Stereotypes about Arabs are pervasive and often over-blown, as we well know, but an example of one such stereotype today really bothered me.
There’s a very nice Egyptian man who serves us our food in the cafeteria at Al-Quds Community College, where Bell Amman is located. In a testament to how bad unemployment is here and/or how little worth an Arab university degree is accorded, he has a BA in American Literature, speaks fantastic English (not perfect, but better than many of the foreign PhD students I tutored at Indiana University), and is working 10 hours a day, 6 days a week, making sandwiches and fries and serving the meal of the day. He’s a very nice young man, and has been especially helpful for my co-workers and the many instructors from the SAE Institute for film studies here, all of them imported to Jordan for their expertise, but without any Arabic language skills (yet! I’m working on that!).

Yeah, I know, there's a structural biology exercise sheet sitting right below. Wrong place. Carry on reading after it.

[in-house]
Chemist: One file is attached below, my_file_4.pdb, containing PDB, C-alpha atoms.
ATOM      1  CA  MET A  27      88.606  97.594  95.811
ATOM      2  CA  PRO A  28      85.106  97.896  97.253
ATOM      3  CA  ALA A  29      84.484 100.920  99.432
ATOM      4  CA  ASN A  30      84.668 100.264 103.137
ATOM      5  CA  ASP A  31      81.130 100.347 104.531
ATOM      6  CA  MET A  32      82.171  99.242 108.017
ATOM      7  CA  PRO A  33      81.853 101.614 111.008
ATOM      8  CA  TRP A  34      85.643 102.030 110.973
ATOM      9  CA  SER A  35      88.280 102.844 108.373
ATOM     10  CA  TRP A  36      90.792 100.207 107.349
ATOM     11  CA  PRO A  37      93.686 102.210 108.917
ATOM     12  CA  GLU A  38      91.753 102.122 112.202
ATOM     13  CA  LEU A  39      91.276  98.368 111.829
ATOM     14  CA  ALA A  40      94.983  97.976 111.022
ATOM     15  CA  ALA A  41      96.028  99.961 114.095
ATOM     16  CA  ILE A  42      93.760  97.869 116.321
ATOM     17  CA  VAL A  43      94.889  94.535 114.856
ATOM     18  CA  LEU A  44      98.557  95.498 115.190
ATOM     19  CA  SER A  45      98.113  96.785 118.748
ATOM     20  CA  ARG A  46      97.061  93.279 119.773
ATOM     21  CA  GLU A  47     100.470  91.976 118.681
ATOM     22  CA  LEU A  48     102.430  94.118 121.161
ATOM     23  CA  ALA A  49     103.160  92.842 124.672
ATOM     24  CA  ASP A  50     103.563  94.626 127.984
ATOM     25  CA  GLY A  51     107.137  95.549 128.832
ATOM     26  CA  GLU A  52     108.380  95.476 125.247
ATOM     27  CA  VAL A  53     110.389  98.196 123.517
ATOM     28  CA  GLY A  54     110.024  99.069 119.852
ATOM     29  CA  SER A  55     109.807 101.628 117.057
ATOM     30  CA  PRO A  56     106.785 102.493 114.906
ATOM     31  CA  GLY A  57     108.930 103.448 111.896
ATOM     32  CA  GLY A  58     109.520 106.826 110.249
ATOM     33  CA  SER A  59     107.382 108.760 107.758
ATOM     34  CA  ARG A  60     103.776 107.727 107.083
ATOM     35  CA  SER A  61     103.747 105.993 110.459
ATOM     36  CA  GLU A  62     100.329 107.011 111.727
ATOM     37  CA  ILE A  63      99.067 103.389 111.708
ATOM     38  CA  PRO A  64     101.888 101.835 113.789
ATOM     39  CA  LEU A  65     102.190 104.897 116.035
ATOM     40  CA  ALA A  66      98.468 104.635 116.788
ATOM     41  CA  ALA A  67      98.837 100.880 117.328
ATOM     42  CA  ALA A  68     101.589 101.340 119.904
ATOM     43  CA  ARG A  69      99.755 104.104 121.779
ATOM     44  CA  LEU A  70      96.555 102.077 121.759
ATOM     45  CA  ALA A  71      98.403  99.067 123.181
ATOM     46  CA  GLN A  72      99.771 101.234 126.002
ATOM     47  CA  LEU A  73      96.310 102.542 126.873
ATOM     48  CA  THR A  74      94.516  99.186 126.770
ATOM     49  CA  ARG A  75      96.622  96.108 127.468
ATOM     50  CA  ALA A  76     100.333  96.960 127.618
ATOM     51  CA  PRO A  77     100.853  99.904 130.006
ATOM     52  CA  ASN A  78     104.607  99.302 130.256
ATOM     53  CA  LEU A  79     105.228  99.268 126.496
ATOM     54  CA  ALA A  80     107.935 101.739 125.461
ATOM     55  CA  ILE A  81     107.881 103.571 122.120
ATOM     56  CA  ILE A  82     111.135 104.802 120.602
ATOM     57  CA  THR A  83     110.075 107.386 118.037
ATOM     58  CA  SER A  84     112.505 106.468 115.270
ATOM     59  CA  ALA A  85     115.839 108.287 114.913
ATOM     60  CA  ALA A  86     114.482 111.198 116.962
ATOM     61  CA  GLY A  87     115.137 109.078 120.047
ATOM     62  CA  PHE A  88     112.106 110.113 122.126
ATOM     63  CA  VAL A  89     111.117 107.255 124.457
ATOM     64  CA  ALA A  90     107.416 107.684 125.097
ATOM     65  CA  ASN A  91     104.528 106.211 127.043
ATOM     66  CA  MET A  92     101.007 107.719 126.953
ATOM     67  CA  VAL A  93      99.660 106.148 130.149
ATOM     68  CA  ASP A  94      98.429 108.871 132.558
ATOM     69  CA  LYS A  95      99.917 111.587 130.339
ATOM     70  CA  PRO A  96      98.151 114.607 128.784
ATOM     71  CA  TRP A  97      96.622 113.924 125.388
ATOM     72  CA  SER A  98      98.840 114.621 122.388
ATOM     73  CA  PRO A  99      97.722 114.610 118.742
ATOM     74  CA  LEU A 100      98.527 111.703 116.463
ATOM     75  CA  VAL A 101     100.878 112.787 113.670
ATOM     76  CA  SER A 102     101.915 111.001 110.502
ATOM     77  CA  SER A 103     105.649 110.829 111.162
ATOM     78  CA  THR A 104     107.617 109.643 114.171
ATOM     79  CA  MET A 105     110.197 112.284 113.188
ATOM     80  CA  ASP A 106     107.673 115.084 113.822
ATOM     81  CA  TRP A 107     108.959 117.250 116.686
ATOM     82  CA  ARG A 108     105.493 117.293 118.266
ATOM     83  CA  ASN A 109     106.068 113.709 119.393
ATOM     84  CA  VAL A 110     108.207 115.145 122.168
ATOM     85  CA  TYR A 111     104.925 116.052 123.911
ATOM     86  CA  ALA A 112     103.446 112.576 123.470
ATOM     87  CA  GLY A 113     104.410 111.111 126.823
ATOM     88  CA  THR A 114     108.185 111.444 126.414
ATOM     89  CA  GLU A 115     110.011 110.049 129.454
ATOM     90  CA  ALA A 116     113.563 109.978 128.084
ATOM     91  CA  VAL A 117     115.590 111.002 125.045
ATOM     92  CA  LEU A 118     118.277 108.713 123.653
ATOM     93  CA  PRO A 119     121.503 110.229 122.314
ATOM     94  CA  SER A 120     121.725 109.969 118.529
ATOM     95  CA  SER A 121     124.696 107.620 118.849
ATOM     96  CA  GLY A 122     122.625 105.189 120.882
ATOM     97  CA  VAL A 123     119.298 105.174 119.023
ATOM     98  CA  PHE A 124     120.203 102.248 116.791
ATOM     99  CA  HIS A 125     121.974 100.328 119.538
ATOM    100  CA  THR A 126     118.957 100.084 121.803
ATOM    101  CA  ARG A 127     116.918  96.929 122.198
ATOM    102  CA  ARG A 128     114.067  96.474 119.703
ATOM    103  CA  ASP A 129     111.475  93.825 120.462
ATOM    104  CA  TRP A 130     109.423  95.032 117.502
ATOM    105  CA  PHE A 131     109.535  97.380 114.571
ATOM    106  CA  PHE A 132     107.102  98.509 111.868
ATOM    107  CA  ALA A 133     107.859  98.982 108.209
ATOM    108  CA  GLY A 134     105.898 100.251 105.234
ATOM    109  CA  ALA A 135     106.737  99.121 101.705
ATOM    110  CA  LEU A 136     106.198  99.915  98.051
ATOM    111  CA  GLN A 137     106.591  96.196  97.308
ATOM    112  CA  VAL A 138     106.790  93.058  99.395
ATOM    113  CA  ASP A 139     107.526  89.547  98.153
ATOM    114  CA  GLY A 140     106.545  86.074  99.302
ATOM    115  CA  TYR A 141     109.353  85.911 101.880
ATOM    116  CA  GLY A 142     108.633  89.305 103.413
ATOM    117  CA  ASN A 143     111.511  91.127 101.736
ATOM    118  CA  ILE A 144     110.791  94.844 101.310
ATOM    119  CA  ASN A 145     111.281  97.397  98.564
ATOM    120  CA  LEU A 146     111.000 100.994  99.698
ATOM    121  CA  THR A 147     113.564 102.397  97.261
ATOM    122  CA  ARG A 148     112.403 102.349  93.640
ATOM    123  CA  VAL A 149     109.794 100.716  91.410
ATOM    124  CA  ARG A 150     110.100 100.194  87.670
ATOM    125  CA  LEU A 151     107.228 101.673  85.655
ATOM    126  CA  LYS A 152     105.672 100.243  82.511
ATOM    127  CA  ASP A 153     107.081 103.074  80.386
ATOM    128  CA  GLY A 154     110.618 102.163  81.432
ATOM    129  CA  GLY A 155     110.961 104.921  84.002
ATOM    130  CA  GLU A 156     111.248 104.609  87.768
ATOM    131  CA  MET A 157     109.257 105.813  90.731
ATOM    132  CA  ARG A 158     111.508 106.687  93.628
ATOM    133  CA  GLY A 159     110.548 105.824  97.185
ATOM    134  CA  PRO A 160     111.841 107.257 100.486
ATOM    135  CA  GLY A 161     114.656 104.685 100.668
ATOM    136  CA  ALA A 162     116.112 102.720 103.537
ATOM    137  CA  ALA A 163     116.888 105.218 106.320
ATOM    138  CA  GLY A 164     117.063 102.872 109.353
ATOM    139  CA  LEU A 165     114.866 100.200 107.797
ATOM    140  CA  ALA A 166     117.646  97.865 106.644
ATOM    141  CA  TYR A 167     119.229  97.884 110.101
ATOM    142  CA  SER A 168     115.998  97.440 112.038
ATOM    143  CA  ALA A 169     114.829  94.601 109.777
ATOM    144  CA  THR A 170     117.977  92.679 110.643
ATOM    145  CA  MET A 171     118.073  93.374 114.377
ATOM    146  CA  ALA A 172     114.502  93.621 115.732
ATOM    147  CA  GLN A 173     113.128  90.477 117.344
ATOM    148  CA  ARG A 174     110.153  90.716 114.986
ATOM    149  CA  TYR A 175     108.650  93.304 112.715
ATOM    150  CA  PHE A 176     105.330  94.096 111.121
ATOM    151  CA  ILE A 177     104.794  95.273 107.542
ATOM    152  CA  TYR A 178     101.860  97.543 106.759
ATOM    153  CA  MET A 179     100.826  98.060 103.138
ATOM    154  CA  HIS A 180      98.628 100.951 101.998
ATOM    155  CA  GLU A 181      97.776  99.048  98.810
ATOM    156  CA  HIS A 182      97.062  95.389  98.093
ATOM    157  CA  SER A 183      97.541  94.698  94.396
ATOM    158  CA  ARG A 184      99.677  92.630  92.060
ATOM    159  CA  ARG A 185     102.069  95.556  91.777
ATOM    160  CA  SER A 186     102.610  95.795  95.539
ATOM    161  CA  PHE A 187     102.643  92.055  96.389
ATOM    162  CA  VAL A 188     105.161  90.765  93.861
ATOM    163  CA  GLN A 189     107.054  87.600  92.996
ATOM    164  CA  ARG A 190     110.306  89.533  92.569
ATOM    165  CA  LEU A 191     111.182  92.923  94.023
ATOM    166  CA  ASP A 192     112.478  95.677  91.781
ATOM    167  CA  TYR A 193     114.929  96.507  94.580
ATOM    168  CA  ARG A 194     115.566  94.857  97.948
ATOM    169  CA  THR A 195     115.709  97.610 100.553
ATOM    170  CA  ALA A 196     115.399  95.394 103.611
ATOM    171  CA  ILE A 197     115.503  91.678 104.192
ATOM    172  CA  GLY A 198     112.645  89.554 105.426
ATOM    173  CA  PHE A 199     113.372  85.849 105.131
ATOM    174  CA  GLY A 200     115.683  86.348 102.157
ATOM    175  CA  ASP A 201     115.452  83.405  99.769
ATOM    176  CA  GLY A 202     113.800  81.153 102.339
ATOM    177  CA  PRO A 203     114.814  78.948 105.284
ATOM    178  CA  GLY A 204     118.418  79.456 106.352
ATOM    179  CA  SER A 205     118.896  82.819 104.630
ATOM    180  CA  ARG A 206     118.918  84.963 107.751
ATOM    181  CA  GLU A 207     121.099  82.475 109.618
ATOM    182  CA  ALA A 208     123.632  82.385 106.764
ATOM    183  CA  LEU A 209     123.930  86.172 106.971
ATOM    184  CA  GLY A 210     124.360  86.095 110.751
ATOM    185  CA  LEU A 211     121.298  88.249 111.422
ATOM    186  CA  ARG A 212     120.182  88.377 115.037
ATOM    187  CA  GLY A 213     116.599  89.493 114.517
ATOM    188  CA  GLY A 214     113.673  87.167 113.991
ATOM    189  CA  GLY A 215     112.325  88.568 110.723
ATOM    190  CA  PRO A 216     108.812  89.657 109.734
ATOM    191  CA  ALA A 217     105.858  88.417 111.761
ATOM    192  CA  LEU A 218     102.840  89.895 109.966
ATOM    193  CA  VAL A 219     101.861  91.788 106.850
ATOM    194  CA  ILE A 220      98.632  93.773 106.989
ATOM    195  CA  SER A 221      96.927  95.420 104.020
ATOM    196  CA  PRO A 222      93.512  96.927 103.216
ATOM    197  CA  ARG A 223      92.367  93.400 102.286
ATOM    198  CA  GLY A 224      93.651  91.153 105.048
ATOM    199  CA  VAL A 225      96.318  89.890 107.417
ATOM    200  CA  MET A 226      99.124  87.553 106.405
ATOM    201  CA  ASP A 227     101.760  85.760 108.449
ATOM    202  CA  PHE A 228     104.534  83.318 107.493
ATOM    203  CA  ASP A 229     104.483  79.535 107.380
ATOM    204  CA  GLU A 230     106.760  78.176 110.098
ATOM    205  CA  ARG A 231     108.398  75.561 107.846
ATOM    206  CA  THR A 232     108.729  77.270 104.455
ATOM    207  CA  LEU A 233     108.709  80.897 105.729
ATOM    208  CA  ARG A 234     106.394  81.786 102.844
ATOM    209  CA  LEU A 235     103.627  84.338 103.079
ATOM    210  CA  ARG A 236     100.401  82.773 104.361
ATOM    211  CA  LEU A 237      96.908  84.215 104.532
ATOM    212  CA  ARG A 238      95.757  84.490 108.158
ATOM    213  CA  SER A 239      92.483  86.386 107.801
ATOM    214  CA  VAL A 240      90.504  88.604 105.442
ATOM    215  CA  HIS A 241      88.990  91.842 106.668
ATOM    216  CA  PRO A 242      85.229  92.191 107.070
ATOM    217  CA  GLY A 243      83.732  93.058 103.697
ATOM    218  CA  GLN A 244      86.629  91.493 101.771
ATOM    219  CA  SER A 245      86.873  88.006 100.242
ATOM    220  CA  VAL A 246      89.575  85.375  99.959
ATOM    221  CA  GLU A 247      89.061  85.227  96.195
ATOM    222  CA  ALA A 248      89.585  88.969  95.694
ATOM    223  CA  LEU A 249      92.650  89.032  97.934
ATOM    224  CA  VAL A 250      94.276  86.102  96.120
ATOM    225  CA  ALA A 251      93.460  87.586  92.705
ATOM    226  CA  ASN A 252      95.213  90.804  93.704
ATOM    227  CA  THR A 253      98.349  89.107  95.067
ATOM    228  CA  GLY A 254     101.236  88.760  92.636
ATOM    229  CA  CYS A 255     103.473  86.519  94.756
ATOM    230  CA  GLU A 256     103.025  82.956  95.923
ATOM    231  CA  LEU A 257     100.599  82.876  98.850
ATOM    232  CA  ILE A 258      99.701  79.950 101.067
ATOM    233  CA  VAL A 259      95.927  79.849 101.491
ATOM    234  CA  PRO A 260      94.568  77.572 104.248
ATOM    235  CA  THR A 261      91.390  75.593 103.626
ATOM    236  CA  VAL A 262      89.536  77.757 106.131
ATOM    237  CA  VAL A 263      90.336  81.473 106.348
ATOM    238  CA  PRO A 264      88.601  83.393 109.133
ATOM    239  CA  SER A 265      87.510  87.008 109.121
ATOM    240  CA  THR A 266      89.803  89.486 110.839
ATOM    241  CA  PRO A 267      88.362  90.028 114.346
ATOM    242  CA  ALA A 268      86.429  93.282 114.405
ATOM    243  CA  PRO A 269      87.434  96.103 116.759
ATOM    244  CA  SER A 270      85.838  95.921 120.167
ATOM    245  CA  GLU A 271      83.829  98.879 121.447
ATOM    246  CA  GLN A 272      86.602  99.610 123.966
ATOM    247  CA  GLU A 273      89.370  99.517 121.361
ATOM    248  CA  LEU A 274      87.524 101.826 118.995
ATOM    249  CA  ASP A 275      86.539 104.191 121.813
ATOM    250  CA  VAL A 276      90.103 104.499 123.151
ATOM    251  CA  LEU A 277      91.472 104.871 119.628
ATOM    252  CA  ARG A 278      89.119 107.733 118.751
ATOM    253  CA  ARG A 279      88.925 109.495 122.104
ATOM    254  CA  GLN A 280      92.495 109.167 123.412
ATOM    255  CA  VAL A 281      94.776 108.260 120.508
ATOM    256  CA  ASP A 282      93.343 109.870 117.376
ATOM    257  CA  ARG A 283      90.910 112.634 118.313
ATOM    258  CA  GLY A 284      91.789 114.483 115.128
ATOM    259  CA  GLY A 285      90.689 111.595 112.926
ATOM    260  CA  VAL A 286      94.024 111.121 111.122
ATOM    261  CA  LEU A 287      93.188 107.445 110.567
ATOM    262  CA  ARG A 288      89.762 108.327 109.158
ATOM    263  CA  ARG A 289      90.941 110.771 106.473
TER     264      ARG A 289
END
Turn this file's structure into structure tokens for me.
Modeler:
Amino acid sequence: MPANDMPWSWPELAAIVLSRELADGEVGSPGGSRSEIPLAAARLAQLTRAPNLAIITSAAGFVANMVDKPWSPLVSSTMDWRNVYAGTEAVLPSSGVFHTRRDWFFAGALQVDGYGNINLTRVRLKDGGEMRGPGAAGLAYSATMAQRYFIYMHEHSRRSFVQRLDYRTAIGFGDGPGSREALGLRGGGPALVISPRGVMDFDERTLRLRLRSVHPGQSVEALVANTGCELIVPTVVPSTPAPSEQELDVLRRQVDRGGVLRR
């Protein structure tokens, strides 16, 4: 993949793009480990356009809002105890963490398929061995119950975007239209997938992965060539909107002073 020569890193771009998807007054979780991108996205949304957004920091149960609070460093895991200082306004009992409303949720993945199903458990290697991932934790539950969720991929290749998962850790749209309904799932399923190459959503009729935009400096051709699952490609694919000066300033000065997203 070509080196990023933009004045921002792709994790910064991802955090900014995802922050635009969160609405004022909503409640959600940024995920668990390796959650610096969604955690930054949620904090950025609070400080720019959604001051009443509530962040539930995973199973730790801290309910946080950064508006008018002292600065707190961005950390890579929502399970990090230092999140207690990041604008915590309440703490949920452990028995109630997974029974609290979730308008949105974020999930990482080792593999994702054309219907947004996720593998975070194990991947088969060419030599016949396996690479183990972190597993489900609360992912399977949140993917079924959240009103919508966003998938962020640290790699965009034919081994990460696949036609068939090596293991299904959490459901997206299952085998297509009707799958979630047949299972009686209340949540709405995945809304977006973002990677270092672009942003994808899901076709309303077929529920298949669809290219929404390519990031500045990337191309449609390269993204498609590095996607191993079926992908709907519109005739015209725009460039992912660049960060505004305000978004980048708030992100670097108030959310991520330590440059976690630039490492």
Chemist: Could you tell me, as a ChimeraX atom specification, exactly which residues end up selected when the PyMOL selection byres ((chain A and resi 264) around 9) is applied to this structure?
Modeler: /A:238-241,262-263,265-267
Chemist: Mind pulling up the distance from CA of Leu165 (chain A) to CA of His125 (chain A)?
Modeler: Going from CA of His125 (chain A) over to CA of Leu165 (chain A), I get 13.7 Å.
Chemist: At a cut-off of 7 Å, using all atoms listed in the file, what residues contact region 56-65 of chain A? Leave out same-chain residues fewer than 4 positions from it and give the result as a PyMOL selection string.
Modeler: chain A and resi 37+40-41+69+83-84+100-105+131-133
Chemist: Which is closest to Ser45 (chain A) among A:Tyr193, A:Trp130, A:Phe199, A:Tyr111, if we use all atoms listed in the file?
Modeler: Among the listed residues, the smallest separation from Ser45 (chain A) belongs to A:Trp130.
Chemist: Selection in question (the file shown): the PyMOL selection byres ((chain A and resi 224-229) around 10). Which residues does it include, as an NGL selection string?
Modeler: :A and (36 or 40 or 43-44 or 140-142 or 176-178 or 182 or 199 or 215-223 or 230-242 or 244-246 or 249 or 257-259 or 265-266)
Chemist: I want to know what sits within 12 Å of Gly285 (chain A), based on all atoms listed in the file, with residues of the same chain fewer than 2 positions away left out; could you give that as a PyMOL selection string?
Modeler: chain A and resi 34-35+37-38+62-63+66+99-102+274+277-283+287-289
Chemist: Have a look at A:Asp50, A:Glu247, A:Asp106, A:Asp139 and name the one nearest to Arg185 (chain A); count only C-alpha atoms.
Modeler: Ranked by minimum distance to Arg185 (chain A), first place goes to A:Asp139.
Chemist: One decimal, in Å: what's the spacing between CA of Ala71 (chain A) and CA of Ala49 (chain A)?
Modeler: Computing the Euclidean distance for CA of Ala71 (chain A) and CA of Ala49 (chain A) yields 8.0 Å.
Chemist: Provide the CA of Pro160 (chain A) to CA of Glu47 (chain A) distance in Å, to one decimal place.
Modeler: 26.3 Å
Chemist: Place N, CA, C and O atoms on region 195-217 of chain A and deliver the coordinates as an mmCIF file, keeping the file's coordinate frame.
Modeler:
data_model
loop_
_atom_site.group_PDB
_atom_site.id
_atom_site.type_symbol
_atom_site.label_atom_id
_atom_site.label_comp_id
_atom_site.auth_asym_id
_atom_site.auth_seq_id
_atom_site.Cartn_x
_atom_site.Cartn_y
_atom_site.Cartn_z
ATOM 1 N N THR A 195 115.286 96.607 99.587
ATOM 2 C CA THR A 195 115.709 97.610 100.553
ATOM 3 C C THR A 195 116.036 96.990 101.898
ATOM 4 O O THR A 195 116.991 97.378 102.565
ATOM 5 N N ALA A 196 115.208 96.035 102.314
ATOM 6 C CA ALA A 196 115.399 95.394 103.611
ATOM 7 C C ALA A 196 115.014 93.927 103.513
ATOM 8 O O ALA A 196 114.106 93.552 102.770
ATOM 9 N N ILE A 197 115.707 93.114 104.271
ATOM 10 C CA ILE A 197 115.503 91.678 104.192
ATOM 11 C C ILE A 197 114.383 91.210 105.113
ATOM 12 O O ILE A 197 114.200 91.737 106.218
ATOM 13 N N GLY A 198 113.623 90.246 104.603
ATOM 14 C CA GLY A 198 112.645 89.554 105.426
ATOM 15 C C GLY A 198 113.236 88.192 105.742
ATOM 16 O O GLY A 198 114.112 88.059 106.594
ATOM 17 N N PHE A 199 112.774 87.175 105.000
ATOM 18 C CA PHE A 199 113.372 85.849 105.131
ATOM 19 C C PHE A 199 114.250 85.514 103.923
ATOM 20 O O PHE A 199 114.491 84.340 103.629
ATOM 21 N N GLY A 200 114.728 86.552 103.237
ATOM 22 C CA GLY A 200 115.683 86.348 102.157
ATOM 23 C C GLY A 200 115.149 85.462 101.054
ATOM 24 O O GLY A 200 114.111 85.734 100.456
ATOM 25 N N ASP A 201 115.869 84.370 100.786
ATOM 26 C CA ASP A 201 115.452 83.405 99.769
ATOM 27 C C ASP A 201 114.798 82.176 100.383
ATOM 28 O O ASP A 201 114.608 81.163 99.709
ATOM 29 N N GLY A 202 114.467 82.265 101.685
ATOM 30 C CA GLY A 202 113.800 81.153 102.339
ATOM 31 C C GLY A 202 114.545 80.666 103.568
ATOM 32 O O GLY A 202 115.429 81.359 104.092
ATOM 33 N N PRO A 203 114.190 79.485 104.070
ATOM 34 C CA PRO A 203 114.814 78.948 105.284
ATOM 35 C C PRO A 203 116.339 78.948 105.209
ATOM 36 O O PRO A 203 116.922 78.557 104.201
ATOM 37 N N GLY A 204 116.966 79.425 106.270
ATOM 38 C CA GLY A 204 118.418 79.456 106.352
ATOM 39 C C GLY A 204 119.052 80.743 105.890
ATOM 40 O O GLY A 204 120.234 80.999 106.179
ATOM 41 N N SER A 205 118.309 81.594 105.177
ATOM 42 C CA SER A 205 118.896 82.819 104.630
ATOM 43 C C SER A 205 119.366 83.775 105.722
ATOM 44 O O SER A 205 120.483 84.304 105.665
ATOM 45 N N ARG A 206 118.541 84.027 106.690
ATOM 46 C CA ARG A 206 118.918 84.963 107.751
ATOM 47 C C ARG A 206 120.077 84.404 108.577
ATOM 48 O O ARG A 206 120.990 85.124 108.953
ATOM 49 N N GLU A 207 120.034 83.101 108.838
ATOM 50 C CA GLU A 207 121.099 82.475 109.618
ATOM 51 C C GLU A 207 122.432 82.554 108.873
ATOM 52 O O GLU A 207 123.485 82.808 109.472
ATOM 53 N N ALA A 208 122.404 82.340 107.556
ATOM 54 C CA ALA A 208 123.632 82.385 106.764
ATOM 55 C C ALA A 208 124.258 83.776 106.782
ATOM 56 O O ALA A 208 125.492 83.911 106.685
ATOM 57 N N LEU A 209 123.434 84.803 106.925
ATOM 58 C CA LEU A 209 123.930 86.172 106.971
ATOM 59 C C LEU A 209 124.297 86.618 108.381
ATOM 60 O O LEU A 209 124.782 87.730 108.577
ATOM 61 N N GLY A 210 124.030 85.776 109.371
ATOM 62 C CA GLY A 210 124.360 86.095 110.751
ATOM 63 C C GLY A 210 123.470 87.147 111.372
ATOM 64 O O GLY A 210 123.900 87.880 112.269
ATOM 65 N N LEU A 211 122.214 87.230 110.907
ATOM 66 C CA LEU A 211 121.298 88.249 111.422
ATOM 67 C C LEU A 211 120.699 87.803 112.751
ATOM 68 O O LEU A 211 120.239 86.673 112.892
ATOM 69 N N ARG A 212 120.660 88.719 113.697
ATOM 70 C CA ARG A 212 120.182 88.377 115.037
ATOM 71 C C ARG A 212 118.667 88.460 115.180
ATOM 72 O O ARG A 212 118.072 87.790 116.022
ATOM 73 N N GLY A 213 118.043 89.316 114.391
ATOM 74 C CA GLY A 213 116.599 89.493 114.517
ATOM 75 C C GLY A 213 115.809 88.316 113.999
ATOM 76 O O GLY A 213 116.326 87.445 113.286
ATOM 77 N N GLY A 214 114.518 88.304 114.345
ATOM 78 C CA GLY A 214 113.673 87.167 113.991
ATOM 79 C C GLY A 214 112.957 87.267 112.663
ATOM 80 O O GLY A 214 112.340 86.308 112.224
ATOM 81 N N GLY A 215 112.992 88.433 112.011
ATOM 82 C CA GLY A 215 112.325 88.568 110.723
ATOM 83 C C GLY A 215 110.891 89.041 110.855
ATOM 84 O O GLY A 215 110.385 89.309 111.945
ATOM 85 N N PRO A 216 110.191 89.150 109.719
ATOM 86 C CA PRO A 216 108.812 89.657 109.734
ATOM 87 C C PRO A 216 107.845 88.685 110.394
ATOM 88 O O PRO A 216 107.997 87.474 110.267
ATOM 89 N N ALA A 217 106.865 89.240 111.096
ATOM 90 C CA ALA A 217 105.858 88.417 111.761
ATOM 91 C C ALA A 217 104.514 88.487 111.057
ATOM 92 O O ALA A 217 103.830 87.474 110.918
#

Today, I came to lunch while he was on his lunch break, but he got up from his table to come and speak to me. “I got Yahoo Messenger,” he said, “to be able to talk to interesting people. But every time I tell an American girl that I’m an Arab, they immediately sign off! Why is that?” And I felt awful, because I knew exactly what he meant, and worse, I knew that I would probably do the same thing. All I could say was that Arab men have a reputation on the Internet as being creepy. “Not all Arabs!” protested my Egyptian friend. Which, of course, I recognize, and I said so.
Still, it makes me reconsider how I want to respond to Arab men on the Internet in the future.